Hundreds of settlers storm Al-Aqsa complex for ‘Sukkot’
Hundreds of Jewish settlers on Tuesday forced their way into Jerusalem's flashpoint Al-Aqsa Mosque compound to mark the Jewish holiday of Sukkot, a Palestinian official said.
Firas al-Dibs, a spokesman for the Jordan-run Jerusalem Islamic Waqf, which is responsible for overseeing the city's Islamic sites, said a total of 537 settlers, backed by Israeli police, have stormed the complex since morning.
According to al-Dibs, Jewish groups have called on supporters to converge on Al-Aqsa compound this week to mark Sukkot, a week-long holiday, which started Wednesday and will continue until Sunday.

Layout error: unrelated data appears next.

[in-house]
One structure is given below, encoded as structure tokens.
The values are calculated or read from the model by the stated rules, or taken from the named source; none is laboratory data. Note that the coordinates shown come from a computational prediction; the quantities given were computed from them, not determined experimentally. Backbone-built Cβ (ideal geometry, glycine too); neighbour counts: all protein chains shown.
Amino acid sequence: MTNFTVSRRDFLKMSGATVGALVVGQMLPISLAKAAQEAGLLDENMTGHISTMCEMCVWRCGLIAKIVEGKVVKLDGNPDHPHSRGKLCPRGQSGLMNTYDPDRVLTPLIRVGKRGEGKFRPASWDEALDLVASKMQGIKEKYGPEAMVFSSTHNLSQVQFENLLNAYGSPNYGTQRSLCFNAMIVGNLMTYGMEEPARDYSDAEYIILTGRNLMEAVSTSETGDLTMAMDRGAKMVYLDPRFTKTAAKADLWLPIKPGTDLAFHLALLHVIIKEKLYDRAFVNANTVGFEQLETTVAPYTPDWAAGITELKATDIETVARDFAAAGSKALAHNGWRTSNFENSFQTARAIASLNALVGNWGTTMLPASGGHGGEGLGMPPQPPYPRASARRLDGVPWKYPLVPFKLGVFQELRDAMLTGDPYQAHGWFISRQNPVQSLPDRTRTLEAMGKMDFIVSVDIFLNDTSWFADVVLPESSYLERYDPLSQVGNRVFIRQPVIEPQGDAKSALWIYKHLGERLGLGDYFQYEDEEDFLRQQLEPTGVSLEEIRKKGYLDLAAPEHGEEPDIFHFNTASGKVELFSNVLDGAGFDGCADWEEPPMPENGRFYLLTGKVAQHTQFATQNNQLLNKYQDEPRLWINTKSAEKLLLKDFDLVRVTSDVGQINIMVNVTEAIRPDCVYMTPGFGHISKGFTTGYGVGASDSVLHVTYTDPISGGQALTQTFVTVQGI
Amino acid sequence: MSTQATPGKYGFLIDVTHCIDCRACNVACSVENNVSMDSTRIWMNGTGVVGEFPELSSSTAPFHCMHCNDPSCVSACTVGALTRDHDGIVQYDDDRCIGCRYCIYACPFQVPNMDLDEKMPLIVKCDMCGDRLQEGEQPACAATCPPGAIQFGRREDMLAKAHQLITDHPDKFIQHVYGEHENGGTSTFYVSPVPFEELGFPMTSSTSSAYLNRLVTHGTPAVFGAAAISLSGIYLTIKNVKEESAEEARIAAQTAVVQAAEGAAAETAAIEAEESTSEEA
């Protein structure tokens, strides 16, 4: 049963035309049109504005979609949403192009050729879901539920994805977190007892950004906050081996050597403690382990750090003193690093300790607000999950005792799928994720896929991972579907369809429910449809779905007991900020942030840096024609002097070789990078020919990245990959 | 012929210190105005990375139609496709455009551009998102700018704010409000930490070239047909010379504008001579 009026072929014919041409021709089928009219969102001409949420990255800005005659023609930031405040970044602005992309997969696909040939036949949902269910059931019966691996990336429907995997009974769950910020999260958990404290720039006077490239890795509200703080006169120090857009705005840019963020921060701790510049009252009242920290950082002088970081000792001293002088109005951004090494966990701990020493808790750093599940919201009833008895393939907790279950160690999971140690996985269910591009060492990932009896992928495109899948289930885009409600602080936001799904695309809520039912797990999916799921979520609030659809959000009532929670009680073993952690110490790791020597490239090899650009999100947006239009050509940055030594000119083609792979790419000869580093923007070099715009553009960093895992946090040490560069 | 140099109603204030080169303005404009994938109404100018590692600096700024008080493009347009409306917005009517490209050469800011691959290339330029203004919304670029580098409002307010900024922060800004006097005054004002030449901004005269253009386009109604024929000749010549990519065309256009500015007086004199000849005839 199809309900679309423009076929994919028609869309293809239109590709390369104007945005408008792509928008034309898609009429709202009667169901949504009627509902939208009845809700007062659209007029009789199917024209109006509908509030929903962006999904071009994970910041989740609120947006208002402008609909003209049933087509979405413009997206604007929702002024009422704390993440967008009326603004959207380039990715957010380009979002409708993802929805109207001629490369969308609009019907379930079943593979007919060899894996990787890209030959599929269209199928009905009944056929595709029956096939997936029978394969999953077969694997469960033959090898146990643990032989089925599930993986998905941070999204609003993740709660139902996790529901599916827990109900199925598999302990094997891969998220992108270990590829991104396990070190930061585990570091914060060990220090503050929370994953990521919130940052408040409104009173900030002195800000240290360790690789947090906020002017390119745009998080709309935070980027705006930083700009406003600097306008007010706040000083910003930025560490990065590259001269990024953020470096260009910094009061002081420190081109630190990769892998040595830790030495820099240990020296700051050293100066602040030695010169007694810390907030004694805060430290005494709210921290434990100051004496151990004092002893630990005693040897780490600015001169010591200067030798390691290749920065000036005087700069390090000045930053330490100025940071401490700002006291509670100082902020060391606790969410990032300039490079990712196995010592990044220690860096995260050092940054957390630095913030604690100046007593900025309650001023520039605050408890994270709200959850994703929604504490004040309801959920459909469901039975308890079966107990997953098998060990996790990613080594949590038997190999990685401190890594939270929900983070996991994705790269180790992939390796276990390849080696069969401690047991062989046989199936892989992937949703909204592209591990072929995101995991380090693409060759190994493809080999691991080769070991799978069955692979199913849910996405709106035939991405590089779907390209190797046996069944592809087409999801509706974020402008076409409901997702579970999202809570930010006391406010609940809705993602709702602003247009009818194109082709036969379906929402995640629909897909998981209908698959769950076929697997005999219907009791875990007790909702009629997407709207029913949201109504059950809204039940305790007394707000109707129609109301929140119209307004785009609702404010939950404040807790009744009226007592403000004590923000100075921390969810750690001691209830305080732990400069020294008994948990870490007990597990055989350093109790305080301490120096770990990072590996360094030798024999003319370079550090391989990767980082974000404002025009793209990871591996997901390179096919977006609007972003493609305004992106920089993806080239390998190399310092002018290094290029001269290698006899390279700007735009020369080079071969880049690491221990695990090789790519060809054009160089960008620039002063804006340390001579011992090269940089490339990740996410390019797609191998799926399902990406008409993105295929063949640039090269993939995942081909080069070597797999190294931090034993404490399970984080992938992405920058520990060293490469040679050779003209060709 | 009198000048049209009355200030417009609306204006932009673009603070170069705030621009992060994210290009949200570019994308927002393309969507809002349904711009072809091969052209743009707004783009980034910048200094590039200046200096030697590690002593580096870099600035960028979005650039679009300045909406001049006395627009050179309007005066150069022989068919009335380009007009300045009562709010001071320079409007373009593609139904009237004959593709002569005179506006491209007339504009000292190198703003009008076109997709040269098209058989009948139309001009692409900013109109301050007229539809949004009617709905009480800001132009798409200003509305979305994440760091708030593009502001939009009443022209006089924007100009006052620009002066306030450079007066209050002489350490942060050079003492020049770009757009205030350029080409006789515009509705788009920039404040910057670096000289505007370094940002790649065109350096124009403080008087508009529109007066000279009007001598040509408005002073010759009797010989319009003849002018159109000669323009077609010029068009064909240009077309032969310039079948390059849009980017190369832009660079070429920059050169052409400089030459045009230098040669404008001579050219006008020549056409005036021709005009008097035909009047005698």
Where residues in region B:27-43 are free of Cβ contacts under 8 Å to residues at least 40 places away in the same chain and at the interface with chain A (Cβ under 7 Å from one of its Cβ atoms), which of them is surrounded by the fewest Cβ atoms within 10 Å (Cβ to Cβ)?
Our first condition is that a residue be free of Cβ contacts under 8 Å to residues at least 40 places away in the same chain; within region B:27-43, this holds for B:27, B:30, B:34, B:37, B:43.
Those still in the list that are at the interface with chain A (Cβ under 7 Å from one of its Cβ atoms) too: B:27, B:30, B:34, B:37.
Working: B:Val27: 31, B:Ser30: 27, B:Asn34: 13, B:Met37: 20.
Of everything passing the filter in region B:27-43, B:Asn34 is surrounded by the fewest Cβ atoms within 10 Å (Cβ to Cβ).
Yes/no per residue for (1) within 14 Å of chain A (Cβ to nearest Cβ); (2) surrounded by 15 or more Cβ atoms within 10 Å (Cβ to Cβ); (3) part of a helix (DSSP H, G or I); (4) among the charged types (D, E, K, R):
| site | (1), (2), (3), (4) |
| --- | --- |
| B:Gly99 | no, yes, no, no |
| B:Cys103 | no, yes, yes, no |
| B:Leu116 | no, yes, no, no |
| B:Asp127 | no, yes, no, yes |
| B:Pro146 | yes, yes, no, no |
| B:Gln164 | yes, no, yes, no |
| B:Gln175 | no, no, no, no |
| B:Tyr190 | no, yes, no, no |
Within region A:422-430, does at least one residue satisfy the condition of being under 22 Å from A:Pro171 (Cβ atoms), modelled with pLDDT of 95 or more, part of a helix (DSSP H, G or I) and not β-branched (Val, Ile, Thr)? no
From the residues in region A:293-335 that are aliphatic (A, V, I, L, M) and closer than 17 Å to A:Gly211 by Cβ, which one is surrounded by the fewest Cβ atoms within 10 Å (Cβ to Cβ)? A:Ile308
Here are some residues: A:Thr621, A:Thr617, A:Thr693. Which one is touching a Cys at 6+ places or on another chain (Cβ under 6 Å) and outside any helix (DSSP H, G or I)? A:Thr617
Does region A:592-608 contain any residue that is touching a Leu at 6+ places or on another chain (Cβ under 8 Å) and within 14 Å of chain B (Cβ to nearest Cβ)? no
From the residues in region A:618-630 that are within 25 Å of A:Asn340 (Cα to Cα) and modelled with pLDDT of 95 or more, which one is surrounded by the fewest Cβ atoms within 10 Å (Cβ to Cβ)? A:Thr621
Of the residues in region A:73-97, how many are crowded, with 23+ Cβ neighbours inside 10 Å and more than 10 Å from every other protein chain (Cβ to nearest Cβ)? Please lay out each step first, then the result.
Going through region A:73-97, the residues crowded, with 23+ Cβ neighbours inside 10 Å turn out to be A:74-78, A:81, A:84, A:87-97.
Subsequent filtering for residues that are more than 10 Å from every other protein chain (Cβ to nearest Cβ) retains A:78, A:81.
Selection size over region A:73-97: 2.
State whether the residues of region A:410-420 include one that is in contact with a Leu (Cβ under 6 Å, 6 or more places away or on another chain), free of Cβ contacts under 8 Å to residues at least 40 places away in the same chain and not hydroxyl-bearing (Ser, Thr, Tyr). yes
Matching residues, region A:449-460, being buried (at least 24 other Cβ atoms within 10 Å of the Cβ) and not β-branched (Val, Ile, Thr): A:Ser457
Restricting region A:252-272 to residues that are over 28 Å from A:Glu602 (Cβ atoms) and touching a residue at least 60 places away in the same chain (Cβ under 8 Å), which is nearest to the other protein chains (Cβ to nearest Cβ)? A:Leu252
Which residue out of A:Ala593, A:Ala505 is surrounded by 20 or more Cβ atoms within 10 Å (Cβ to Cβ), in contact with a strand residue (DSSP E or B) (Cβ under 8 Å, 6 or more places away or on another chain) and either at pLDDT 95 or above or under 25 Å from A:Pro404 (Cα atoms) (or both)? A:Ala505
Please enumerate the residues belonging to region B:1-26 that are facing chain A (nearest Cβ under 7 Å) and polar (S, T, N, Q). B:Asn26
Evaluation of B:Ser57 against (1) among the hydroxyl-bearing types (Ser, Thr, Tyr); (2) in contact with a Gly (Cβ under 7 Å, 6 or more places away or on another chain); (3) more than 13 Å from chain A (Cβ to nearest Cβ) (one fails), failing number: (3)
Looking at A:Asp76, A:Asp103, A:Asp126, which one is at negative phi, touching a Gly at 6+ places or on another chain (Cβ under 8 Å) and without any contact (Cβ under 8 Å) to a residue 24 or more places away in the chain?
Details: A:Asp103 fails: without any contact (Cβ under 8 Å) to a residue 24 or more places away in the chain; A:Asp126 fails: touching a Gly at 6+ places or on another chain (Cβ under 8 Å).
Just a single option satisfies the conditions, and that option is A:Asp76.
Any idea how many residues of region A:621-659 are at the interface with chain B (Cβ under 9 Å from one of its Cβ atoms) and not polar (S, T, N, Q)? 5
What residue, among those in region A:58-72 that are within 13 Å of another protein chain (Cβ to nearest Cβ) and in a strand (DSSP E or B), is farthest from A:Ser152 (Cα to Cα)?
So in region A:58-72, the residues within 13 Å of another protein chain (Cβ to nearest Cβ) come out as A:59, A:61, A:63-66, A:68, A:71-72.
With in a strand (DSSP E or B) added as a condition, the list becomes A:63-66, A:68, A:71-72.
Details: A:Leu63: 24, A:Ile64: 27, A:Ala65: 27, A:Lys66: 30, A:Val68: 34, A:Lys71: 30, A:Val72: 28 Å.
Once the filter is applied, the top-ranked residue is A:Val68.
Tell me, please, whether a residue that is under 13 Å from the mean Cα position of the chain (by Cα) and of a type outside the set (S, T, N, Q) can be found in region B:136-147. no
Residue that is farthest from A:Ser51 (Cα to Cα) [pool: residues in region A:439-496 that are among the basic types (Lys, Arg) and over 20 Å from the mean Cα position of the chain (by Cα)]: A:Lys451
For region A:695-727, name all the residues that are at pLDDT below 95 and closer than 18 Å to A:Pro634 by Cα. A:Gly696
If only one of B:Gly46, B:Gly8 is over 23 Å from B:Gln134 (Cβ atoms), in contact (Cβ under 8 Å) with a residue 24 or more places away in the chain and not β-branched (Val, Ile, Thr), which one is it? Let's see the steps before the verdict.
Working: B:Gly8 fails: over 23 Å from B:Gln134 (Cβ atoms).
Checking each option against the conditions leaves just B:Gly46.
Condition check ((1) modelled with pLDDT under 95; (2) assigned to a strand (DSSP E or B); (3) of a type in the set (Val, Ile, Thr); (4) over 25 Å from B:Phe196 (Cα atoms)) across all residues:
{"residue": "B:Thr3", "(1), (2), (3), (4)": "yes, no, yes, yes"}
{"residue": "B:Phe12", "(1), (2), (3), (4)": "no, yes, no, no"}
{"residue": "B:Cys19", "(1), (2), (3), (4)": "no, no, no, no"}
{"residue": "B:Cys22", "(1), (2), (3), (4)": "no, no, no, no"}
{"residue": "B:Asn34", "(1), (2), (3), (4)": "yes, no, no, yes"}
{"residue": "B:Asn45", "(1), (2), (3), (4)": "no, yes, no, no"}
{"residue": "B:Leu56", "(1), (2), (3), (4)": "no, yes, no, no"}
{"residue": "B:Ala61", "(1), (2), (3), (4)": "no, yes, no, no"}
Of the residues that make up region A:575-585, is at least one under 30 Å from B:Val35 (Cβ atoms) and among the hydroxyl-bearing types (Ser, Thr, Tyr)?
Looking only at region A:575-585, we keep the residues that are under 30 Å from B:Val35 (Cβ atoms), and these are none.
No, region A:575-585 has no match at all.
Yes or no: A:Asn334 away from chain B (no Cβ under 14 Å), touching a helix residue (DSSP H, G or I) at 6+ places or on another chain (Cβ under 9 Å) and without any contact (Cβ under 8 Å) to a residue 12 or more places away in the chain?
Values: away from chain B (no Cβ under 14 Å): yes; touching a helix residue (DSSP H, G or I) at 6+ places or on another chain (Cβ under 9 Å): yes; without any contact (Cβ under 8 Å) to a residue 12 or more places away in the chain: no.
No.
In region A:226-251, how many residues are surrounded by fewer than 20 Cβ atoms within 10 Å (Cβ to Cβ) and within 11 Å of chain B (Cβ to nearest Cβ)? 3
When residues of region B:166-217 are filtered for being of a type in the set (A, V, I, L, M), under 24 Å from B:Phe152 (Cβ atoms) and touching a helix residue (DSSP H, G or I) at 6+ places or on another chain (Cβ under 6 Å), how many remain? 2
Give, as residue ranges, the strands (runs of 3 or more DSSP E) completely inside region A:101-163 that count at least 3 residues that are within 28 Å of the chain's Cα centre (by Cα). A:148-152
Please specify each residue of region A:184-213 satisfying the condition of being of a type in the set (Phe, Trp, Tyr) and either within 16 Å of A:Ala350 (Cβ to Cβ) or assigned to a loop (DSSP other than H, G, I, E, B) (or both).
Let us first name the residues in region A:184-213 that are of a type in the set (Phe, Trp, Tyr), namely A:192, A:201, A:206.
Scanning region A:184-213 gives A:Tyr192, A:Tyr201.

For Muslims, Al-Aqsa represents the world's third holiest site. Jews, for their part, refer to the area as the "Temple Mount," claiming it was the site of two Jewish temples in ancient times.
Israel occupied East Jerusalem -- in which the Al-Aqsa is located -- during the 1967 Middle East War. It formally annexed the entire city in 1980, claiming it as its capital -- a move never recognized by the international community.